Wall Street May See 1st Losing Week in 3

NEW YORK (AP) -- Stocks are drifting Friday, keeping Wall Street on track to close out its first losing week in the last three.

The S&P 500 was 0.2% higher following three straight days of declines. The Dow Jones Industrial Average was down 5 points, or less than 0.1%, at 34,495, as of 9:40 a.m. Eastern time, and the Nasdaq composite was 0.4% higher.

Stocks have been under pressure this week because of worries that a too-warm economy will push the Federal Reserve to keep interest rates high for longer. Traders have called off some bets for the Fed to cut rates next year, after reports showed the U.S. economy remains resilient despite much higher rates and struggles for other economies around the world.

Such worries have pushed yields higher in the bond market, which hurts stock prices. But yields were easing on Friday, helping to give Wall Street a bit of relief.

The yield on the 10-year Treasury dipped to 4.23% from 4.25% late Thursday. The two-year Treasury yield, which more closely tracks expectations for the Fed, slipped to 4.94% from 4.95%.

Companies are basically done with reporting their earnings results for the spring, but a few on Friday were making some of the largest moves.

Smith & Wesson Brands jumped 18.9% after the gun maker reported stronger results for the three months through July than analysts expected. The summer is usually a lean season for the company, but its sales rose 35% from a year earlier.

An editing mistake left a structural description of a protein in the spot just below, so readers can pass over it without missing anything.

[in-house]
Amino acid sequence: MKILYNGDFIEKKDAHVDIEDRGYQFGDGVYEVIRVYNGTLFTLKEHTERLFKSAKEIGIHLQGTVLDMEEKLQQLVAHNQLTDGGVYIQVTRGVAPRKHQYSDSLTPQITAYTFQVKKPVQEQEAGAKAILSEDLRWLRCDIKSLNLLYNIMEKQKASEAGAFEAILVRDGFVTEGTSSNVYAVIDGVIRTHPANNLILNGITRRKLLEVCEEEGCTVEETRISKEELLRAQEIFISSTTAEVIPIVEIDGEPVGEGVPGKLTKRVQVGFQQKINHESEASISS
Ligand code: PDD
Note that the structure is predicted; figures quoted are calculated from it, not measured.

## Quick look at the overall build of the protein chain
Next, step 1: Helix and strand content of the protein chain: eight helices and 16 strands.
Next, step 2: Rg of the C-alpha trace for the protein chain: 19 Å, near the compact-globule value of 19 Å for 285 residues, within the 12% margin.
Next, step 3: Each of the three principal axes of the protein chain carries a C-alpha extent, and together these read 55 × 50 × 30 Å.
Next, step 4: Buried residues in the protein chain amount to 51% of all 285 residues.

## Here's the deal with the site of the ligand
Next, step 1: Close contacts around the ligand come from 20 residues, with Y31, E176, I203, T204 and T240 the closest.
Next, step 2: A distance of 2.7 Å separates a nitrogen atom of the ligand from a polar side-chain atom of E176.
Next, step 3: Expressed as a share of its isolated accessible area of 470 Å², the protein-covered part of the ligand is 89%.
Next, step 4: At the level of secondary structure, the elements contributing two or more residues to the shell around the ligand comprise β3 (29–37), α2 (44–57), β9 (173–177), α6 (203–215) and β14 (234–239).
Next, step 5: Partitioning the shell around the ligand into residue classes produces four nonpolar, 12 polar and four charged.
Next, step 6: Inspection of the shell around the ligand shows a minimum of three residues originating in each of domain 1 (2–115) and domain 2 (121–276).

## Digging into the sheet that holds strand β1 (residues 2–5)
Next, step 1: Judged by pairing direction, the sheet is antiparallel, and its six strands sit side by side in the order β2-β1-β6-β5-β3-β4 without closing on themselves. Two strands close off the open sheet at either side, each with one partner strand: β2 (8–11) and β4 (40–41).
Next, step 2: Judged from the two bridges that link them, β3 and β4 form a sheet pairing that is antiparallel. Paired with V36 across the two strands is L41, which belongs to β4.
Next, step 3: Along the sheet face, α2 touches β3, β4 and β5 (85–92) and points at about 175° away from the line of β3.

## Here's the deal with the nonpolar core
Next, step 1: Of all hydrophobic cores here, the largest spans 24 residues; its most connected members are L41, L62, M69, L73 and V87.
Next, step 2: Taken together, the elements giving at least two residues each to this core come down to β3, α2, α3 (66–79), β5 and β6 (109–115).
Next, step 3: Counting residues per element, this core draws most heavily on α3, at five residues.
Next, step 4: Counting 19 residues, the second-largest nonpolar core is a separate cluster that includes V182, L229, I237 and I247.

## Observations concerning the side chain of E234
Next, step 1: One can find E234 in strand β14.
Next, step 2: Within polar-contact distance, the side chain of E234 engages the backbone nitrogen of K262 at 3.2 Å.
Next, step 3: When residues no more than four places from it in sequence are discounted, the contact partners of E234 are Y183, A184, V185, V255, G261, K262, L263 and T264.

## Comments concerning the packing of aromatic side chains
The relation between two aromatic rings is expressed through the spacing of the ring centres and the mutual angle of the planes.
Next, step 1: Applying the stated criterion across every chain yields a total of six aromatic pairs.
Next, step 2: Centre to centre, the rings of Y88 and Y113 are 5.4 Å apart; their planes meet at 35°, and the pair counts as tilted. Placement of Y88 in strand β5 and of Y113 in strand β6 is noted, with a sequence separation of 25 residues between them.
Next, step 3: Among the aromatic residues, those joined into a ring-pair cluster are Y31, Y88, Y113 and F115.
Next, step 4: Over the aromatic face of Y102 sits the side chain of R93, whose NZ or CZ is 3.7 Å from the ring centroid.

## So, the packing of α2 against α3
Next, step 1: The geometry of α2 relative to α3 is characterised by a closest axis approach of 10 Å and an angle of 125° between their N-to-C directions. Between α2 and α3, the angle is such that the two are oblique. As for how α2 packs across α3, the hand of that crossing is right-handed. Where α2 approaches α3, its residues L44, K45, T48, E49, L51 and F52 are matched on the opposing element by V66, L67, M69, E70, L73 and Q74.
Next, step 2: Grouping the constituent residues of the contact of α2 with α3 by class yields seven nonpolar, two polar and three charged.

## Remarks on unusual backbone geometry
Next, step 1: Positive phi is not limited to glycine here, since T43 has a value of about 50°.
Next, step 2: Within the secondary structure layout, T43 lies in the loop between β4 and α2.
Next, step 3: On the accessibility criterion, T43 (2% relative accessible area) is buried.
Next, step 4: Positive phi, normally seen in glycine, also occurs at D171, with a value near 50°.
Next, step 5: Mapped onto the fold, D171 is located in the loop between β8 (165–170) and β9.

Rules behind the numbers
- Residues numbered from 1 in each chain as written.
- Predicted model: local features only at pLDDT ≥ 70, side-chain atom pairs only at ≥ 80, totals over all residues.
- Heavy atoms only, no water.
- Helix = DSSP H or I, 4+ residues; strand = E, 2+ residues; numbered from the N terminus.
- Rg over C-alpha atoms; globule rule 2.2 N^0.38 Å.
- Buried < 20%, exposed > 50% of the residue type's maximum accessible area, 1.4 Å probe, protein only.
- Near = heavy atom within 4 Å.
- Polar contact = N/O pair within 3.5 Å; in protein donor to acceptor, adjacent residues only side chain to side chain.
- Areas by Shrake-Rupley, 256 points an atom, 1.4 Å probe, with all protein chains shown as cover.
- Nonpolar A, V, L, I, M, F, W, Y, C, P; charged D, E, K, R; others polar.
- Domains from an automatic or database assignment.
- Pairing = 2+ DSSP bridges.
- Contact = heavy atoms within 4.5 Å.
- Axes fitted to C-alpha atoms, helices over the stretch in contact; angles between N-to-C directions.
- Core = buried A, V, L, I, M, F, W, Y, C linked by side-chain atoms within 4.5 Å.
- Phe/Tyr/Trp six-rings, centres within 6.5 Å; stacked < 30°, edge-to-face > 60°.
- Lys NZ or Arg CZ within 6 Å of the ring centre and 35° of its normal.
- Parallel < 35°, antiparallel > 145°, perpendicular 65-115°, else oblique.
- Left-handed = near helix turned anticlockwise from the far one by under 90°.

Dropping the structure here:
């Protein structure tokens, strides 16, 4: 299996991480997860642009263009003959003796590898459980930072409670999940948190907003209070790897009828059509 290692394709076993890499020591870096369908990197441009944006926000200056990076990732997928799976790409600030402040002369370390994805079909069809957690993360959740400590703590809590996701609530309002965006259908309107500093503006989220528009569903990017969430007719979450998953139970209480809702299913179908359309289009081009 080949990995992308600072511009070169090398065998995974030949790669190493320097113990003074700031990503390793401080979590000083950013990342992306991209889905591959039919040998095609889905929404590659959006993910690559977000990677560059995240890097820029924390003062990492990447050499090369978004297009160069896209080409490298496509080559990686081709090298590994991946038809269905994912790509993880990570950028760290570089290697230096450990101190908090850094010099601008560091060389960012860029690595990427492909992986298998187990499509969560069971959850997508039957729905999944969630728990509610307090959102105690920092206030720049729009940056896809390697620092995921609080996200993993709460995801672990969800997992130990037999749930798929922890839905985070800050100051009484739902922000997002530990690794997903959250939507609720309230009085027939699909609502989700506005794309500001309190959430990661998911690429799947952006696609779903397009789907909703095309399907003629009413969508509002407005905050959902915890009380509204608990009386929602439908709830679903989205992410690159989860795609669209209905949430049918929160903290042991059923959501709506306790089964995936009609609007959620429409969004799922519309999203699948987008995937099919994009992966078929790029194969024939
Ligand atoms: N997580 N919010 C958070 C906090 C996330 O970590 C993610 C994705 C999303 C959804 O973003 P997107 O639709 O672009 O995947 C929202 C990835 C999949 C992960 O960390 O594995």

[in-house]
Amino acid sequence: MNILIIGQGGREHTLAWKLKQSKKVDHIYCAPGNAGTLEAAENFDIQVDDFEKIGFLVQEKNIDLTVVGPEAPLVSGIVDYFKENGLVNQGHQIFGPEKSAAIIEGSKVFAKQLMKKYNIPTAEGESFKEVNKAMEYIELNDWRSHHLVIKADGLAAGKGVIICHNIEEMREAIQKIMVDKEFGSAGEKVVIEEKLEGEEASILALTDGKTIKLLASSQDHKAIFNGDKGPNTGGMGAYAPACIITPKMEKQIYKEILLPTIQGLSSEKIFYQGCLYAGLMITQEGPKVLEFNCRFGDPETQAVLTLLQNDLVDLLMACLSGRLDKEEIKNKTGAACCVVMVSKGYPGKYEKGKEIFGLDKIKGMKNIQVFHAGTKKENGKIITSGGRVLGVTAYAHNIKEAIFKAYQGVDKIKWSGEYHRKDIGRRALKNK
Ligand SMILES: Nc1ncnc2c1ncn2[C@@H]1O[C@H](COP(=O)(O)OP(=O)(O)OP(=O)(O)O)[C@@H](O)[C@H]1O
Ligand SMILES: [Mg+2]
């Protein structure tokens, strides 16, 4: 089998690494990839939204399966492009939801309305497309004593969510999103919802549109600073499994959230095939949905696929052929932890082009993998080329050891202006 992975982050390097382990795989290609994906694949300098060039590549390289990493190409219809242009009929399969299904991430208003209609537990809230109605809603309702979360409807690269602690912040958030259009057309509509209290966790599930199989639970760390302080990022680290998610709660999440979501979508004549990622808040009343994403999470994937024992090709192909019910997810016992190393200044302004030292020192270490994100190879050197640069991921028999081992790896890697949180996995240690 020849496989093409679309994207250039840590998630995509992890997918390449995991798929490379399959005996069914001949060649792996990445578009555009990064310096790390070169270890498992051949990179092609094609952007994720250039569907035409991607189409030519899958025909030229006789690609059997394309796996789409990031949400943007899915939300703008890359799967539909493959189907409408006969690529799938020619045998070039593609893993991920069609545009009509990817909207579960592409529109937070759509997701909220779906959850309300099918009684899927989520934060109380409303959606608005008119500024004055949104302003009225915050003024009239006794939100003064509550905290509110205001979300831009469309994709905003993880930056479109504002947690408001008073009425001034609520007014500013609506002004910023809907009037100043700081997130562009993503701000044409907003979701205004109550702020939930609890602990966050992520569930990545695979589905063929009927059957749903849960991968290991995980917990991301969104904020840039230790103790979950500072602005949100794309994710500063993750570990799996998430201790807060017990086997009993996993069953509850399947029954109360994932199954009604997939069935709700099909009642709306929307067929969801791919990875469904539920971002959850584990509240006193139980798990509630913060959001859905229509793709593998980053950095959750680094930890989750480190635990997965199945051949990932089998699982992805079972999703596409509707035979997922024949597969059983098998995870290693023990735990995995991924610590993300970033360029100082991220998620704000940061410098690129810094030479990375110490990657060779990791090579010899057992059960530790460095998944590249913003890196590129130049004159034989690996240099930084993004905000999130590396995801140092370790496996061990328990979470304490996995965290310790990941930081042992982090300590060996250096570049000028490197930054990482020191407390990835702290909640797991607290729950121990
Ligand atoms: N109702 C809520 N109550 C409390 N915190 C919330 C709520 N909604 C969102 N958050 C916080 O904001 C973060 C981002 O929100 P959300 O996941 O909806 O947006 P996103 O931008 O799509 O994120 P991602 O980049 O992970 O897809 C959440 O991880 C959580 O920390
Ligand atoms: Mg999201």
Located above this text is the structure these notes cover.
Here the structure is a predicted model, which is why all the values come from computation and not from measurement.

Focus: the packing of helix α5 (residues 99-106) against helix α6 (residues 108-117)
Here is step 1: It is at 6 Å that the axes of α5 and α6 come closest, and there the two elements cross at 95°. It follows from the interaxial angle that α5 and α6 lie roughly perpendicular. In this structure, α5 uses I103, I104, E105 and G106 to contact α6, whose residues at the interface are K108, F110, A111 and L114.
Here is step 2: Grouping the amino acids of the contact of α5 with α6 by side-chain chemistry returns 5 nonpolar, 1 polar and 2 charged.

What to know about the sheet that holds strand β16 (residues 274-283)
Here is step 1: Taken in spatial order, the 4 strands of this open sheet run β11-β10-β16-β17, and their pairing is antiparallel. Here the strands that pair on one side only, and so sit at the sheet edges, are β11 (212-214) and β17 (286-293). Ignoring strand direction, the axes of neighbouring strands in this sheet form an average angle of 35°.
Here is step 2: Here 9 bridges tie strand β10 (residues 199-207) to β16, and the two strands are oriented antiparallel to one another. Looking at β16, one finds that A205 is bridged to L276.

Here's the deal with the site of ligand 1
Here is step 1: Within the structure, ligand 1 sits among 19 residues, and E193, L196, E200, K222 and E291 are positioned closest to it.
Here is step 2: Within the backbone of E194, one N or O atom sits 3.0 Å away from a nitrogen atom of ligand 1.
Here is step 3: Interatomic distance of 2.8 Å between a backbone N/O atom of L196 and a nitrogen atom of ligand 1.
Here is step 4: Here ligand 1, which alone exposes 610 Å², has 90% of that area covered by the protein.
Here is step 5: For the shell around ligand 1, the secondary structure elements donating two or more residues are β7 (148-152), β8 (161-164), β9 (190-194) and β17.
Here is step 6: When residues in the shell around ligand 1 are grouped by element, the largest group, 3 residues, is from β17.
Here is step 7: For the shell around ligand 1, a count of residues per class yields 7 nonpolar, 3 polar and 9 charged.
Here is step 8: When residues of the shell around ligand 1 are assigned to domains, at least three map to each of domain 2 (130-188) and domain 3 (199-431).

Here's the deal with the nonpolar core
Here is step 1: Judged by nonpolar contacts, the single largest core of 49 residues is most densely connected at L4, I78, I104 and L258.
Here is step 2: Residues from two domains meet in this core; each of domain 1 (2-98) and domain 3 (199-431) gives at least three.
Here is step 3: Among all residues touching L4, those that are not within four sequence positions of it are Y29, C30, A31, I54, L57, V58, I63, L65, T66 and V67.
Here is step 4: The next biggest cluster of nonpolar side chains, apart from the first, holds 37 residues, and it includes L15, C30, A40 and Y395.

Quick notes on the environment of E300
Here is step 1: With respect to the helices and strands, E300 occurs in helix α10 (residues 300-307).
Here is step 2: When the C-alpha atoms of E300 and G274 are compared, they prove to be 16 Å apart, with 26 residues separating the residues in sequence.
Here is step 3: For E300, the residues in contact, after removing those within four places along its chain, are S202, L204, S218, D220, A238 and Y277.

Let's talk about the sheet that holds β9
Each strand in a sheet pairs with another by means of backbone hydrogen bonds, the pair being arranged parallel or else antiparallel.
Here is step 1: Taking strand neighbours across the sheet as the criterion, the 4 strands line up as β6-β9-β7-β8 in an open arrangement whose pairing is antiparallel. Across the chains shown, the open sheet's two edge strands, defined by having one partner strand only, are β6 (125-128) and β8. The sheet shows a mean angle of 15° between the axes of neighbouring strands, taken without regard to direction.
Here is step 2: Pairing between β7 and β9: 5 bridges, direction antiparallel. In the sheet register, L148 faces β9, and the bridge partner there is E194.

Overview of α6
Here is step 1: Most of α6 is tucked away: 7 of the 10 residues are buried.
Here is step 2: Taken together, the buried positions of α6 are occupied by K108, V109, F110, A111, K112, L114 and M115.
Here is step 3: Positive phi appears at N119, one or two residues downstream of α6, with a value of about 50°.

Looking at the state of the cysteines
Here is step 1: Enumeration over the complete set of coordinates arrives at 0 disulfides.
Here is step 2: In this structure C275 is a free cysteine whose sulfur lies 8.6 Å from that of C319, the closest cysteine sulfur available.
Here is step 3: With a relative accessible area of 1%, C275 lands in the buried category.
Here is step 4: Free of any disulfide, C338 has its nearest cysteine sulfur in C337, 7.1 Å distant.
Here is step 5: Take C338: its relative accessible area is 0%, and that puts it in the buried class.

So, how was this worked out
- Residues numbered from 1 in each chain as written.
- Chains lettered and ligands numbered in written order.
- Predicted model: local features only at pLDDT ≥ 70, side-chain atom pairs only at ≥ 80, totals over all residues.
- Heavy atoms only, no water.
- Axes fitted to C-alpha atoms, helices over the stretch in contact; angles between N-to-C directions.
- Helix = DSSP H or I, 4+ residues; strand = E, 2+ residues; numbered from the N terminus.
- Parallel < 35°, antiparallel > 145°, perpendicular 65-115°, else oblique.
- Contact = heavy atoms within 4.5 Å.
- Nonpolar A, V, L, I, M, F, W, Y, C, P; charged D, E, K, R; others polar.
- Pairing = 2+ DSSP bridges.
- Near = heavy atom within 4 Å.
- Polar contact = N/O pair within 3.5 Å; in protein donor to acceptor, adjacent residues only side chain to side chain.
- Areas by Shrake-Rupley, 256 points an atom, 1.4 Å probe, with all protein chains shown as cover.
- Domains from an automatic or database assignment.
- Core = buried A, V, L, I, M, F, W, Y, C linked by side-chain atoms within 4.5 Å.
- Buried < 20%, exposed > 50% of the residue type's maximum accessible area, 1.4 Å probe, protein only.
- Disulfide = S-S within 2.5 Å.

Kroger was 0.4% higher after swinging between gains and losses following its earnings report. The grocer's profit for the latest quarter topped analysts' expectations, but its revenue fell short of expectations.

The upcoming week could be a busier one for markets globally. The centerpiece is likely the latest monthly update on inflation in the United States, due on Wednesday. Economists expect it to show prices at the consumer level were 3.6% higher in August than a year earlier.

Inflation has been generally coming down since peaking above 9% last summer, but the worry is the last bit of improvement to get to the Fed's 2% target may prove the most difficult. That's why strong economic reports recently have unsettled the market. They could be providing fuel for U.S. households to keep spending, which encourage companies to try to push prices up further.

High rates are supposed to slow the economy and hurt the job market, which should help undercut inflation. But the highest rates in more than two decades have yet to do that. The threat is that could push the Fed to raise rates again and at the very least to keep them high for longer than investors expect.

Also coming next week will be a decision on rates by the European Central Bank and more data about China's economy. China's recovery since removing anti-COVID restrictions has fallen well short of expectations, which has removed a big driver of growth for the global economy but also helped to remove some upward pressure on inflation.

In stock markets abroad, Japan's Nikkei 225 dropped 1.2% after a report showed the world's third largest economy grew at a 4.8% annual pace in the April-June quarter. That's weaker than an earlier estimate of 6% growth.

Indexes were modestly lower across much of the rest of Asia, though a bit higher across Europe.